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Film vs. Literature: 1408

In my second installment of “Film vs. Literature” we’re going to explore some work from the greatest horror author of our time: Stephen King. On the platter today is the highly touted tale (and film) 1408. Though 1408 flew under the radar for quite some time in the literary world (not to say it hasn’t been an appreciated piece of work nce initial print, it’s just a previously oft overlooked gem that deserves to be ranked in the upper echelon of King’s wonderful résumé of short stories.

Thanks to director Mikael Håfström (and fairly rare praise from King himself) not only the film, but the short has quickly ascended to the top of fan favorite horror tales. I’m certain royalty statements saw a sudden increase for King as well, though at this point, that may equate to mere chump change for today’s genuine “Master of Horror”.


Author: Stephen King

Source: Everything’s Eventual (short story) King’s introduction to the skeptical author, Mike Enslin, who’s made a fair career for himself exploring haunted locations and crafting creepy tale’s is abrupt, but exceptionally effective in establishing a thorough understanding of the cynical author. He’s a man who enjoys his work, but doesn’t necessarily believe in a ngle word he’s written.

Just the same, his books have been met with moderate success, and his career path looks to be carved deep, and no gns point to Mike exiting the buness. Until he encounters the haunting room 1408 in the low-key, but well maintained Hotel Dolphin.

Enslin’s afforded numerous chances to avoid the room by hotel manager Olin, but Olin’s words fall on stubborn ears, and Mike finds himself in room 1408, which isn’t a haunted room so much as a supernatural room with a life all its own.

During his extremely brief stay in the notorious room (which is said to have more than 30 deaths affixed to its haunting legend), Mike is subjected to extreme hallucinations, brief bouts with phycal ailment, and a handful of other…uniquely terrifying experiences.

Enslin’s stay doesn’t last long, as this doubter of the macabre quickly succumbs to the mental torture the room holds in wait. Pictures shift, change, and appear from thin air. Walls contort, wretched sounds abound, and a level of claustrophobia and extreme panic overtake the seasoned writer, who in a brilliant finale, reaches to great depths to escape the other-worldly (and clearly dangerous) presence that dwells in the long vacant suite.

For such a brief King offering, the story is amazing. There’s humor, tenon, fear and (as aforementioned) a disturbing claustrophobic feel to the story. To this day, it remains a personal favorite of mine that should not go unnoticed.

Score: A


Mikael Håfström’s feature length adaptation remains fairly faithful to King’s original tale.

John Cusack’s performance as the focal character is worthy of gnificant praise, and when condering that he carries the film on his shoulders alone (kudos to Samuel L. Jackson, who turns in a fine performance… all ten minutes he’s featured), a few additional pats on the back are merited. Enslin’s rapid descent into madness is well played, and Cusack brings every frantic moment to terrifying life.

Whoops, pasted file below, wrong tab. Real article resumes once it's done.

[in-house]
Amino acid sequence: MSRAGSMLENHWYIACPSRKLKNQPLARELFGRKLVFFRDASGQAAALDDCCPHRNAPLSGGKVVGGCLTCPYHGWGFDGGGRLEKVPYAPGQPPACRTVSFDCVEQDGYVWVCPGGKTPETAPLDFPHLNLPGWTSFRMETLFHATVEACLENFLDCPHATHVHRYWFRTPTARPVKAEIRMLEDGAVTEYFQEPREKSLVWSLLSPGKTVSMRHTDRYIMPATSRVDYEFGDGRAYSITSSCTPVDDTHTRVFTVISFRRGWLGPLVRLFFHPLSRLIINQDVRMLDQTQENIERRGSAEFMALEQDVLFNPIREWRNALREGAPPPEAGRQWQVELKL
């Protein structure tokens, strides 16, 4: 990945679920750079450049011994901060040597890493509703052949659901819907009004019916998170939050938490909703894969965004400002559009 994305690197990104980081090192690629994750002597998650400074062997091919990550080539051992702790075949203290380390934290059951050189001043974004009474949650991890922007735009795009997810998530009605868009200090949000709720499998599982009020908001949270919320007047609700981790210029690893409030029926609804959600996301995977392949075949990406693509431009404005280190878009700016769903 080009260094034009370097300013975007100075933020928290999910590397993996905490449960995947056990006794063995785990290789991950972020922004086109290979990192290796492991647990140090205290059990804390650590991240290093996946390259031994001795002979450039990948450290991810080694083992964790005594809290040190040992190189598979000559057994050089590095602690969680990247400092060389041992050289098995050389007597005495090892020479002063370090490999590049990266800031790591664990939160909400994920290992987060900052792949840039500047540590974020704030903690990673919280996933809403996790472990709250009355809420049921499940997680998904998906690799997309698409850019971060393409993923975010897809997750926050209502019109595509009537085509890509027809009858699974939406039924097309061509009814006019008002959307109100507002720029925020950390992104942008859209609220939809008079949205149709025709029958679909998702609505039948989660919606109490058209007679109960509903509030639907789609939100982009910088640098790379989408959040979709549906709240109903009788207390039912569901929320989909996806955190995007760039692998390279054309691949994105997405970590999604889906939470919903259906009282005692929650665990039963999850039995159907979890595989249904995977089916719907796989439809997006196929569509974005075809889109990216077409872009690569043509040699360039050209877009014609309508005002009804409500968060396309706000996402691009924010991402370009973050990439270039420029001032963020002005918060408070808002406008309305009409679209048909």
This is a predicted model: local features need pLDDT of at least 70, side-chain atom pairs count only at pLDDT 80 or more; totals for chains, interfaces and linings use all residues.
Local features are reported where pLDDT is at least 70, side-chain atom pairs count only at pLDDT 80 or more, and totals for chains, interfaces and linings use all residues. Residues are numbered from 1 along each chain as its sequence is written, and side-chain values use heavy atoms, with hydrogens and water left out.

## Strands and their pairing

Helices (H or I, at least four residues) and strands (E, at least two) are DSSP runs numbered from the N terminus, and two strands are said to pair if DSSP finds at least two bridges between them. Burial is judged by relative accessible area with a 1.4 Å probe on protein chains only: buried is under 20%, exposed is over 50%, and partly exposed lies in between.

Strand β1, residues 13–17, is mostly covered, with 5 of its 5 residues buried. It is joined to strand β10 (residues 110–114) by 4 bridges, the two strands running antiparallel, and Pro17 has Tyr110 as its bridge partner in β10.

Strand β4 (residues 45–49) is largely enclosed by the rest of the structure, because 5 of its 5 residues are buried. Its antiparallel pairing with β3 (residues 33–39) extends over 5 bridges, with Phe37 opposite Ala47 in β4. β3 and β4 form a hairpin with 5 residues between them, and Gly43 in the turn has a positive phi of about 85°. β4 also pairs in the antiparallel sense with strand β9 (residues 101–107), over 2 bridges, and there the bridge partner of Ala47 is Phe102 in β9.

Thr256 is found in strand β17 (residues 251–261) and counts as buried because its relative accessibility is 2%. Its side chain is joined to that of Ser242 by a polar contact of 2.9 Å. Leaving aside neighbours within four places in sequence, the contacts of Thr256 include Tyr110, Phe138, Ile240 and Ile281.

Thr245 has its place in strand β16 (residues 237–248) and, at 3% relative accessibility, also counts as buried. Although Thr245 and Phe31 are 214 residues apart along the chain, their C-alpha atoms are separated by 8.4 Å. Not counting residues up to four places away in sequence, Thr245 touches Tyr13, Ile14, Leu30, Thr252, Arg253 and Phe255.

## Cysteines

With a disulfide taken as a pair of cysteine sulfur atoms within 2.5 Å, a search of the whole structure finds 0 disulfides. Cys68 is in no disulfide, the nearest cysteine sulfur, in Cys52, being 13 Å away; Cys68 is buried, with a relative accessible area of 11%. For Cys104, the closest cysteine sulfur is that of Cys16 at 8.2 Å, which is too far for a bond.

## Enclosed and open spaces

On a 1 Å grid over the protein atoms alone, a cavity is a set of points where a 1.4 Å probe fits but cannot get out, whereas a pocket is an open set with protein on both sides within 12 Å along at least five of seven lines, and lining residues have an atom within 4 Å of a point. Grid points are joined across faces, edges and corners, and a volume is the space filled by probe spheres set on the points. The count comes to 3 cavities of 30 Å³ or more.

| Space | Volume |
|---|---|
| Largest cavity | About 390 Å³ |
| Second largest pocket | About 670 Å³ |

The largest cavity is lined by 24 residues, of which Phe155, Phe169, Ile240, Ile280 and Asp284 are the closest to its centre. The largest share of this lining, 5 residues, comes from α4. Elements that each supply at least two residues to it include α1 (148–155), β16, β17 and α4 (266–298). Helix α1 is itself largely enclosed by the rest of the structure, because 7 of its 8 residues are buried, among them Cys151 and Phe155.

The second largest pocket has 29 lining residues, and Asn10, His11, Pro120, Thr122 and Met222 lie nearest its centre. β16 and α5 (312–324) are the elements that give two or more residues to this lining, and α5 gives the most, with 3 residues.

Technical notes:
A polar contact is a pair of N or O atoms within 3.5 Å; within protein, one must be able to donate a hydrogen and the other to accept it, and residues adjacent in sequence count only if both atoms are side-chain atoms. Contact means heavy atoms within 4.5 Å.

While the film transfer is indeed faithful, there are a few issues I take with the feature.

First, I’m not crazy about the phantom figures that lurk within the room. The effects are fair, but in truth, I think the blatant visuals (which aren’t incorporated to nearly the extent in King’s story) take a bite of the psychological terror that drives this frantic tale. There are a handful of scares played for mple jumps, and that too, in my opinion, steals from the intricacies and intimacies of the source material.

Make no mistake, the film is a fine feature (one of the better King adaptations, I must admit), there were just a few additions to the film that felt a tad forced (communicating via laptop, after we’ve learned that electronics aren’t functional within the room, a drastically altered finale meant for cinematic shocks solely).

Given the overall quality of the picture, and Cusack’s performance however, I’m willing to look beyond the films flaws and accept 1408 for what it is: a fun, creepy ride with a stellar story for a foundation.

Score: B-

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Matt_Molgaard Saturday 7/09/2011 at 02:14 PM | 78197
Yea,I'm on the same page with ya. I like em both, but I give'em both an A. I like the little additions to story in the film. I did like how in the book he set himself on fire though.
Stilesp1985 Sunday 7/10/2011 at 02:27 PM | 78219
it was golden when he sets himself on fire, you're reading it thinking..."damn..." haha

win/win either way on this one.
Matt_Molgaard Sunday 7/10/2011 at 03:59 PM | 78224
good stuff, you should do 2003 "Idenitity" and the Agatha Christie novel "And Then There Were None" if you get a chance.

latingoddyss Monday 7/11/2011 at 05:41 PM | 78257
thats a good recommendation, and I actually havent read the original story!

BTW, I welcome suggestions, so keep them coming folks. I've got 8 more installments planned, but I'm always looking for new recommendations!
Matt_Molgaard Tuesday 7/12/2011 at 03:47 PM | 78335